Any child who is self-sufficient, who can tie his shoes, dress or undress himself, reflects in his joy and sense of achievement the image of human dignity, which is derived from a sense of independence.”
Dr. Maria Montessori
The Why of Practical Life
In addition to the obvious life skills and independence that a student gains in the Practical Life area, Montessori also designed this curricular area to build other, less apparent abilities - order, concentration, coordination, and independence.
To achieve these goals, a student will practice lessons from a few different topics within the Practical Life area: Preliminary Applications, Applied Applications, Grace and Courtesy, and Control of Movement.
Preliminary Exercises include functional abilities common in most societies, things like folding clothing or pouring a drink or walking while carrying something.
With Applied Practical Life skills, a student focuses more on daily routines - how to care for himself and how to care for his environment.
Grace and Courtesy exercises revolve around interpersonal skills, such as shaking hands, giving a greeting and looking at the other person while they are speaking or when talking to them.
In the final group of lessons, Control of Movement, a student gets the opportunity to slow down and teach himself how to control his gross motor and fine motor movements. The outcome of these exercises aims at precision and economy of movement - not having to make unnecessary actions.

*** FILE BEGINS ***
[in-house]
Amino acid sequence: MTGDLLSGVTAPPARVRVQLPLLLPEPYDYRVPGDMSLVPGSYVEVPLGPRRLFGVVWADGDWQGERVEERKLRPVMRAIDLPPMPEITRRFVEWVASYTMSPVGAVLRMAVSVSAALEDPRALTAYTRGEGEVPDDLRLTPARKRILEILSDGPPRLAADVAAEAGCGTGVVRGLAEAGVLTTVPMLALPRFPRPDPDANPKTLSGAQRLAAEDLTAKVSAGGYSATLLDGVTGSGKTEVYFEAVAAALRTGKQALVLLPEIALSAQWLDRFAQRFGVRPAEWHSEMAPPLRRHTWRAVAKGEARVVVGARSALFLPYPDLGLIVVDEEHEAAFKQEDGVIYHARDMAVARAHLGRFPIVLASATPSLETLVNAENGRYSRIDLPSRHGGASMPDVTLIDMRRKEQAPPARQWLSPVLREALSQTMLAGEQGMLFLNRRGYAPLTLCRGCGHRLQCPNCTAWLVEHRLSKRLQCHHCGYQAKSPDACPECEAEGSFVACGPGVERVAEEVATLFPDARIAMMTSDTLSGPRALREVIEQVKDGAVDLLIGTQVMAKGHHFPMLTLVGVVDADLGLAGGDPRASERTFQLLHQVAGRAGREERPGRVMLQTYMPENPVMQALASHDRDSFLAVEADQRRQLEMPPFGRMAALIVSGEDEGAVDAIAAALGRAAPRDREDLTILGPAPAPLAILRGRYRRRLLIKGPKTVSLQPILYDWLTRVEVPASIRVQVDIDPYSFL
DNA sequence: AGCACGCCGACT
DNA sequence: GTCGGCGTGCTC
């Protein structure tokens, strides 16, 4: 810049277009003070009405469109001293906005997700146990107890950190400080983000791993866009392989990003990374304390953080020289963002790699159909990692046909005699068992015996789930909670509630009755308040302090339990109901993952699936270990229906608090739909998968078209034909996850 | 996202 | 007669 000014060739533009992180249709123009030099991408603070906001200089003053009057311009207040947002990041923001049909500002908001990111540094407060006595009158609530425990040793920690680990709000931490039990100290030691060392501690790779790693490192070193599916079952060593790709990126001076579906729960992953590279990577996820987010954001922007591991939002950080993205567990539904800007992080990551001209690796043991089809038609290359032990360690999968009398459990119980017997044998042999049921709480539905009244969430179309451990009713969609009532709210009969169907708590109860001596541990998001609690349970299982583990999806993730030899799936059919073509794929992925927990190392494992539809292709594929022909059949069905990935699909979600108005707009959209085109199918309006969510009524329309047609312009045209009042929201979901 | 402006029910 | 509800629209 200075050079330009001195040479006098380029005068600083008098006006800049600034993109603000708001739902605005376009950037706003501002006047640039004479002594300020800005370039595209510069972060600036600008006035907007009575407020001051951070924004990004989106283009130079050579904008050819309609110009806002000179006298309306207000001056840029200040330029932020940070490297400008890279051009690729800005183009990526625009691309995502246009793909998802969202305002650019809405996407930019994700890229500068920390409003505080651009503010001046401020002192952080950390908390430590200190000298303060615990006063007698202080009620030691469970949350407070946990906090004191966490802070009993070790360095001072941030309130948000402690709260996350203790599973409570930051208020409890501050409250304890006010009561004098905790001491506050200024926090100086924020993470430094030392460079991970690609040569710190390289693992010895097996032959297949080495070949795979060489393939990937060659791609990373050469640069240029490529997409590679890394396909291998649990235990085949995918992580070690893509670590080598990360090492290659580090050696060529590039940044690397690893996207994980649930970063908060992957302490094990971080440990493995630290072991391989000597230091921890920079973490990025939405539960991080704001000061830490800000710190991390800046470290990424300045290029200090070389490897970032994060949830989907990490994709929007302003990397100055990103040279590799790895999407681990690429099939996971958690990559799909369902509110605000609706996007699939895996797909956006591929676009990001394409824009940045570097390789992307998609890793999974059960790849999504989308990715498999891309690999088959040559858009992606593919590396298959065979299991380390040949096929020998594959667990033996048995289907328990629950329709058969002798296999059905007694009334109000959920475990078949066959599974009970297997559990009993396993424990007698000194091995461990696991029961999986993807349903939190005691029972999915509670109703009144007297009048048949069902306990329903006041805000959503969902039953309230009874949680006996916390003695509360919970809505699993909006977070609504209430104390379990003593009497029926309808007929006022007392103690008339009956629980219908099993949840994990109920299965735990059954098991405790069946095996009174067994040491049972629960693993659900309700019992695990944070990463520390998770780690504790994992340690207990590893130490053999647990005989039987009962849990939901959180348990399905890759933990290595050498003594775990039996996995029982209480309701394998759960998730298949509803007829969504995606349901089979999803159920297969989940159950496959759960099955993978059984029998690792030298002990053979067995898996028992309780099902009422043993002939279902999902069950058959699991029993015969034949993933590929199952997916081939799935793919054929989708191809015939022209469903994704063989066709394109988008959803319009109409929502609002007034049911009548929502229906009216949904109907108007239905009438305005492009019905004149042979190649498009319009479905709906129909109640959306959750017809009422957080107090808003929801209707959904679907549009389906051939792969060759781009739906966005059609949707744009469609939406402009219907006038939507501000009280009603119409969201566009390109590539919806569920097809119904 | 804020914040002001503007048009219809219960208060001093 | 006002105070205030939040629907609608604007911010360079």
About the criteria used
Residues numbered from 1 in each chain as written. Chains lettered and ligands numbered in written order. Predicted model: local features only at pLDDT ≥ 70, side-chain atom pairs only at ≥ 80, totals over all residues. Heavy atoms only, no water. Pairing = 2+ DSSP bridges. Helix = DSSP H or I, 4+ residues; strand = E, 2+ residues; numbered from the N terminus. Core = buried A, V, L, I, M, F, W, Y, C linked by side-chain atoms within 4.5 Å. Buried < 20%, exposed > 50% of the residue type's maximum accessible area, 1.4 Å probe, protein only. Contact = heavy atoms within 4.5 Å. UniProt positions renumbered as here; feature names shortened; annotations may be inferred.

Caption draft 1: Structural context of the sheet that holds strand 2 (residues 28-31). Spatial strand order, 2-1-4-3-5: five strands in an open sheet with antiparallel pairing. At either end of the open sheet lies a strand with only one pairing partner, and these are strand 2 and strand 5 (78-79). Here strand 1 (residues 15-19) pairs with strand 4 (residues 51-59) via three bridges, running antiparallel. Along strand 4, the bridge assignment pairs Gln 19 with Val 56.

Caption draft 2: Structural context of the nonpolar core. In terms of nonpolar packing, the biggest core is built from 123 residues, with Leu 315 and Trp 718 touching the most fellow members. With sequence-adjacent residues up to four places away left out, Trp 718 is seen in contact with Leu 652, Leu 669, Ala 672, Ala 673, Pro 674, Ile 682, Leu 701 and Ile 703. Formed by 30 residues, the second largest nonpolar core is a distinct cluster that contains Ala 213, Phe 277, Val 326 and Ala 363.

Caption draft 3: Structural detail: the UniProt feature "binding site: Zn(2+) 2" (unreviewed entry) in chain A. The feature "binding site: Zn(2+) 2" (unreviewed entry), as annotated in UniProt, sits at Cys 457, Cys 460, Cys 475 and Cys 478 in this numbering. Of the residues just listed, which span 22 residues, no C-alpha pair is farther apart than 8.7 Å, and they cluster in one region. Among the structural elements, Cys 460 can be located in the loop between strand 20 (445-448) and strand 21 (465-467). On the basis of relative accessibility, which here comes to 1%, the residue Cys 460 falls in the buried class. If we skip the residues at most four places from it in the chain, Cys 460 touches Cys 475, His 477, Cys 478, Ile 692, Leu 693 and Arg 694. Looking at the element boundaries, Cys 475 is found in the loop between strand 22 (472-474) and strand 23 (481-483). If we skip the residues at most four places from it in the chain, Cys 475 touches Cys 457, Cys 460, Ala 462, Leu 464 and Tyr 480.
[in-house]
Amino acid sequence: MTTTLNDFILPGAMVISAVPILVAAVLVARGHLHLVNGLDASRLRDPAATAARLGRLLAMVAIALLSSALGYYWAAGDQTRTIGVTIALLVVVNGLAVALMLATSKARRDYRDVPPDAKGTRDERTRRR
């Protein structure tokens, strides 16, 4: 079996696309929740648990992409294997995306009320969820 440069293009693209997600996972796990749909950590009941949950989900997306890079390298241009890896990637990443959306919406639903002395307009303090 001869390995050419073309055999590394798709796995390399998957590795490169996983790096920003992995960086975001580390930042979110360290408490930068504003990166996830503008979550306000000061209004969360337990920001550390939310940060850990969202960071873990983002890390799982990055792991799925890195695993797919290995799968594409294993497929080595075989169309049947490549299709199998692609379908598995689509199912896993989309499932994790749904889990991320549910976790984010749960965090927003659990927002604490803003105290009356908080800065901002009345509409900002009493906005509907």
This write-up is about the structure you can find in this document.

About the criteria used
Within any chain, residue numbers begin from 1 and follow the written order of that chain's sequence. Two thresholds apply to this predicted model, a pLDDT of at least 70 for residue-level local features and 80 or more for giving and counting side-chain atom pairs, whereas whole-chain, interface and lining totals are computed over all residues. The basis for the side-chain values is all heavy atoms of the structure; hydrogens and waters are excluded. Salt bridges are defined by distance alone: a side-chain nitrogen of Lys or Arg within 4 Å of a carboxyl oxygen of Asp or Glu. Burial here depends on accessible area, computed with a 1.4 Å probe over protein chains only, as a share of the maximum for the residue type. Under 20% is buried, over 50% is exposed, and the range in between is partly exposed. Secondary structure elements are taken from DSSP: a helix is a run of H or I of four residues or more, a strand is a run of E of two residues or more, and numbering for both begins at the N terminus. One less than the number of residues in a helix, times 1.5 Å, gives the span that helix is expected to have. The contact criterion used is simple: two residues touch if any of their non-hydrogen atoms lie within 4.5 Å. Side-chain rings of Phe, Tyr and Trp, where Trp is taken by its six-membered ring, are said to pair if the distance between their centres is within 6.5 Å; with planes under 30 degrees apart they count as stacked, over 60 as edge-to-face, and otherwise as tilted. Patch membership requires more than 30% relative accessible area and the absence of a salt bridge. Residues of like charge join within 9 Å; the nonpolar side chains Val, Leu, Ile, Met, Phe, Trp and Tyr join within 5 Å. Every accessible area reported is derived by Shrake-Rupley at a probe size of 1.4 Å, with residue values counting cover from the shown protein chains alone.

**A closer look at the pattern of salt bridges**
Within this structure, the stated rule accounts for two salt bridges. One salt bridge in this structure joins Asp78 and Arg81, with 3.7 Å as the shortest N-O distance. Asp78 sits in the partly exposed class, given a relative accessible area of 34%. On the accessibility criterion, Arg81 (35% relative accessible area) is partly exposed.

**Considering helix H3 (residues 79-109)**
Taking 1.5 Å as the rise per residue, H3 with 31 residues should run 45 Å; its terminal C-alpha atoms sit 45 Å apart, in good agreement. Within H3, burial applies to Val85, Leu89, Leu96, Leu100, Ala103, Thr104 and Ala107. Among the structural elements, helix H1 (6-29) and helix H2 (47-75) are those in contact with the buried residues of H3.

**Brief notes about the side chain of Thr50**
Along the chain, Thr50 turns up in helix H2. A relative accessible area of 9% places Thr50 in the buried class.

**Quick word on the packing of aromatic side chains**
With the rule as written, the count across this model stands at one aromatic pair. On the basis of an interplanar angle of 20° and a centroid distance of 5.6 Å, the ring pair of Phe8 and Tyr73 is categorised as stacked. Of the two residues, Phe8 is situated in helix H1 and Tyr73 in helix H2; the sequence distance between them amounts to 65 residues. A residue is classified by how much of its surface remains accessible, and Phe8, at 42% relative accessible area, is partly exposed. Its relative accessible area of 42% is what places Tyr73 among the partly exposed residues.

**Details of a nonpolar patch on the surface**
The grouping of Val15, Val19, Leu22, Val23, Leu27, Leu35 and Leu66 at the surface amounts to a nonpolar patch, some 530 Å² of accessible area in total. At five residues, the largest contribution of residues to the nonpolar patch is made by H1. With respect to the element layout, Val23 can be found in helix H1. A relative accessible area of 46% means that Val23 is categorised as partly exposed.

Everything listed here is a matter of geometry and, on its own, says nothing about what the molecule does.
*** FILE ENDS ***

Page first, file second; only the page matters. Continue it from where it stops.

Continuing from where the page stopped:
The hands are the instruments of man’s intelligence.”
Dr. Maria Montessori
For these reasons, the Practical Life area of a Montessori classroom, is the foundation and starting point for all the rest. It provides a place for each student to refine themselves, develop their ability to focus and concentrate, and to become independent so that as they learn, they will be best equipped to receive and keep the new information and continue on their path of learning.
Take a peek at Must Be Montessori’s article “Help Me Do It Myself” for ways that you can incorporate Practical Life lessons in your home.
And for weekly activities, subscribe to the Montessori at Home Weekly Curriculum - Primary or the Weekly Curriculum for Toddlers- full of engaging, Montessori-inspired lessons that will get you and your students hands-on with learning!